As a special treat, Vannetta has prepared a character interview for us to enjoy.  The following is an interview with Samuel Yoder:

1. Samuel, I’ve heard that you’re a doctor, an Amish doctor. Tell me about that.    Nein, I am not a doctor. I’m a herbalist. I care for minor medical problems in my community, and I’m quick to refer folks to an Englisch doctor when they need one.  Amish can be stubborn, and they sometimes avoid going for help when they need it. I never hesitate to send someone to the clinic or the hospital when it’s necessary. But often what they need is to be reminded of common sense things. That I’m gut at. I’ve always enjoyed helping animals and people become more healthy.  

2. You’re recently married?   Two years ago. Ahh . . . I wish you could meet Annie. She’s a delight with a smile as bright as the flowers in her garden and a heart as big as her famous apple pies. And now we’re expecting a boppli. If things go well, I’ll be there with our midwife when Annie’s time comes to birth our child.

3. You were married before?   Ya, I was. My wife and doschder died in a winter storm, when they became lost. It’s a difficult thing to discuss and even now a piece of my heart hurts when I think of them.

4. That must have been difficult, but you’ve found a way to continue your life. You’re somber now, but you’re also quick to smile. Apparently you’ve found joy again. Could you tell us a little about that?   I’m not an expert on dealing with grief. Each person finds their own path through that dark valley. You speak of joy, but it was years before I could smile again without feeling I was betraying the memory of my loved ones. I owe any progress I’ve made in that regard to Gotte, and I remain grateful for Annie’s presence in my life.

5. You’re also a farmer, correct?   Ya. Most Amish men have some land where they grow a crop that they can sell to earn a little extra money. I’m no different. This year we had a gut crop of hay. The market prices were fair, and I was able to put back a little savings. Annie also has a big garden. We like to grow as much of our own food as possible.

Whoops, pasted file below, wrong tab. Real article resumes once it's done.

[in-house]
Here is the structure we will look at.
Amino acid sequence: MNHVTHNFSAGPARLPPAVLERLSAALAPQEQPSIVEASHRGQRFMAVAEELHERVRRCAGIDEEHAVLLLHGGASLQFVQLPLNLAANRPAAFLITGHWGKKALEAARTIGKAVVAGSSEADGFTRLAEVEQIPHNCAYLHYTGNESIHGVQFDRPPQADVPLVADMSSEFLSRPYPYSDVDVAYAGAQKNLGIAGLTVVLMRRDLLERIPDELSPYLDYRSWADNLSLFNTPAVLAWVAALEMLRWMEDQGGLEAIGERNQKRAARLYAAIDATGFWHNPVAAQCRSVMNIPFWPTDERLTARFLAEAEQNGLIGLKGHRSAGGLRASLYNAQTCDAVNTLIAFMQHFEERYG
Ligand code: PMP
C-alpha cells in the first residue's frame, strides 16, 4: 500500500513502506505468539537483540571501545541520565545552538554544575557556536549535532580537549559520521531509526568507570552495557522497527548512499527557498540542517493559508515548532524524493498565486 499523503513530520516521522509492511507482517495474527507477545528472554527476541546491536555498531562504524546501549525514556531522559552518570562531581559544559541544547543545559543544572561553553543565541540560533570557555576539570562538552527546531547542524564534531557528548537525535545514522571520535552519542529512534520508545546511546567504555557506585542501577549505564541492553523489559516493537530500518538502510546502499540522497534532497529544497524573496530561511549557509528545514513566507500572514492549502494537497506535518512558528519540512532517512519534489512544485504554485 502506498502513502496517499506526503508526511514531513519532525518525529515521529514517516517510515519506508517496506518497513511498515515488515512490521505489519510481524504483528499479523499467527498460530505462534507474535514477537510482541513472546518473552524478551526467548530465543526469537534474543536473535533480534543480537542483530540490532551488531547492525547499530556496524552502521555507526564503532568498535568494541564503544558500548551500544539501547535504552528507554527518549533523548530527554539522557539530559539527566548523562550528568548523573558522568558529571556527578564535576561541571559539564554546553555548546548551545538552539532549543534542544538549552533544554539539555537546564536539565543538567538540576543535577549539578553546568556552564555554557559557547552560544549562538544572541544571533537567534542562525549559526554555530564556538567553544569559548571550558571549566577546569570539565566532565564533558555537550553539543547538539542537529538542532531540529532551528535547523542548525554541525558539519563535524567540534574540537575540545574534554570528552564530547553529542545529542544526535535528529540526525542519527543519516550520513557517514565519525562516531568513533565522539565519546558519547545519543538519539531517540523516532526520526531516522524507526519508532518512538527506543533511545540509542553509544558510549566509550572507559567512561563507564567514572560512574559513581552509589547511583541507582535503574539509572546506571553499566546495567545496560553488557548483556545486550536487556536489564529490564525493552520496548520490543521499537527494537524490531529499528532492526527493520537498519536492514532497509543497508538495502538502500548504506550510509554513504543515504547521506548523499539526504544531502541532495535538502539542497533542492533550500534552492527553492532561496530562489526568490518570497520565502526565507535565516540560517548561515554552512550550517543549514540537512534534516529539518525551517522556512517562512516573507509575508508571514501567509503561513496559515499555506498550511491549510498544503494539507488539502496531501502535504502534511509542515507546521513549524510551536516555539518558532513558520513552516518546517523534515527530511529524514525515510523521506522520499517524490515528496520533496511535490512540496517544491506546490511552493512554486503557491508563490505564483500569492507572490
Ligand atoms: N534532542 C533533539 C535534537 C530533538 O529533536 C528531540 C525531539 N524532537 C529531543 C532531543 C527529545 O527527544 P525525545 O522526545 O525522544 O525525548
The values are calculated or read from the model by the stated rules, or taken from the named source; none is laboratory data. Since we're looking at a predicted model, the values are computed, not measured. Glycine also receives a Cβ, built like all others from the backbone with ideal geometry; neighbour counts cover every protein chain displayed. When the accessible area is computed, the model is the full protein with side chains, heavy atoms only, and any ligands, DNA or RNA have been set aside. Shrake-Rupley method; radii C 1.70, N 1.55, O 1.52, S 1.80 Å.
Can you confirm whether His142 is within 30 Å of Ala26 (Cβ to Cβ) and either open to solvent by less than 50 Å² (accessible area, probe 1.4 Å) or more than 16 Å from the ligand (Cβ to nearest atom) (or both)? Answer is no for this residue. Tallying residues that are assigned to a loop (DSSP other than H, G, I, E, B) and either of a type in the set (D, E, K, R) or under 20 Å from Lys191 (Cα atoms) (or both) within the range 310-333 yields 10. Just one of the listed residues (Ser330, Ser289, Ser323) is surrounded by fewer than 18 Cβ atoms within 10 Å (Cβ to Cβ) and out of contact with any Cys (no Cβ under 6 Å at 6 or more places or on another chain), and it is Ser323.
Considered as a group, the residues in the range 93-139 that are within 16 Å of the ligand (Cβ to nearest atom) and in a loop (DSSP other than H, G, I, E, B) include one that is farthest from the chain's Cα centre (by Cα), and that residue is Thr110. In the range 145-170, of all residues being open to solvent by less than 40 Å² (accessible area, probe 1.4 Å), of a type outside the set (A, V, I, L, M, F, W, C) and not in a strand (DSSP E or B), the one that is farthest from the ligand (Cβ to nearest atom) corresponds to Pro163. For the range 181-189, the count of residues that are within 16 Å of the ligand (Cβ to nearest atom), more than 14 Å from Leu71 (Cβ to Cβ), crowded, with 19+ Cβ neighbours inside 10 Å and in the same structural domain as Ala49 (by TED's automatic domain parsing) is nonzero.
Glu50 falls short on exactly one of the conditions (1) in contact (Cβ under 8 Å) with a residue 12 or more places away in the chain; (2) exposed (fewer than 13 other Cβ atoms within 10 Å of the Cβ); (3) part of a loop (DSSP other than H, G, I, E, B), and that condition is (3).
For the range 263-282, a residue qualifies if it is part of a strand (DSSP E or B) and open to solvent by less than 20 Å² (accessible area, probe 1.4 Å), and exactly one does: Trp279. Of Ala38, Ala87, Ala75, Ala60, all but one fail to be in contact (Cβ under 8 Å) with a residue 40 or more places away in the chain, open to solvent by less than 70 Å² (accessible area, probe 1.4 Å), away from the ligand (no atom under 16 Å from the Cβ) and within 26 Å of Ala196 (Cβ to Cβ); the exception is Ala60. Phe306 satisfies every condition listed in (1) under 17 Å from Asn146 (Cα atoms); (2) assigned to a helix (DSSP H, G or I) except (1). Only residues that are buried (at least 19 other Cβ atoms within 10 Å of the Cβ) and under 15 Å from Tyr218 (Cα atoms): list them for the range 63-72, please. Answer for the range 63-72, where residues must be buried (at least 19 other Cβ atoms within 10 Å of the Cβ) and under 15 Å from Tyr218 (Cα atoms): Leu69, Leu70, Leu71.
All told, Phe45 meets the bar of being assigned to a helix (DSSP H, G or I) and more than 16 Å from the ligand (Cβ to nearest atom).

6. Do you hunt?   I do. Not for sport but for the pantry. The only game I hunt is what we eat, of course—dove, turkey, and deer.

7. Let’s talk about the area where you live—Mifflin, PA. How has it changed over the years?    A little more crowded, and a little more modern. Most technological advances we avoid, but it affects even us. There was one Amish family I visited who had solar panels installed on their home. It provided energy for their stove and refrigerator. These are things our community has remained undecided about. Time will tell if it’s something we want to allow in our homes.

8. But you still use the horse and buggy?   We do. Both are a cornerstone of our society. We do not wish to travel fast or far. The buggy slows us down. If you have to hitch up a buggy you think twice before you head into town. It’s a lot of work.

9. You have a lot of family in the area. Do you see them often?   Every Sunday, whether we are attending church services at a member’s house or visiting for a meal. Annie’s family is quite large. She is the oldest—only her and Adam, her brother, are married. But the rest will marry in time, and the family will continue to grow. Once married, the children will begin to come. It’s the Amish way to have large families, as you probably know.

10. What is one thing you wish people knew about Amish life?   Things which seem odd to you all, seem natural to us. We make decisions based on our faith, what we feel Gotte would have us do, and also based on our families, what is best for those we love. Traditions are important to us, because they remind us of those who have gone before, those who have paved the way for us. Our desire to live simply is a direct result of our faith and trust in Gotte. Our needs are few, and He always provides.


I received a complimentary copy of this book from Abingdon Press.  All thoughts expressed are my own and no monetary compensation was received.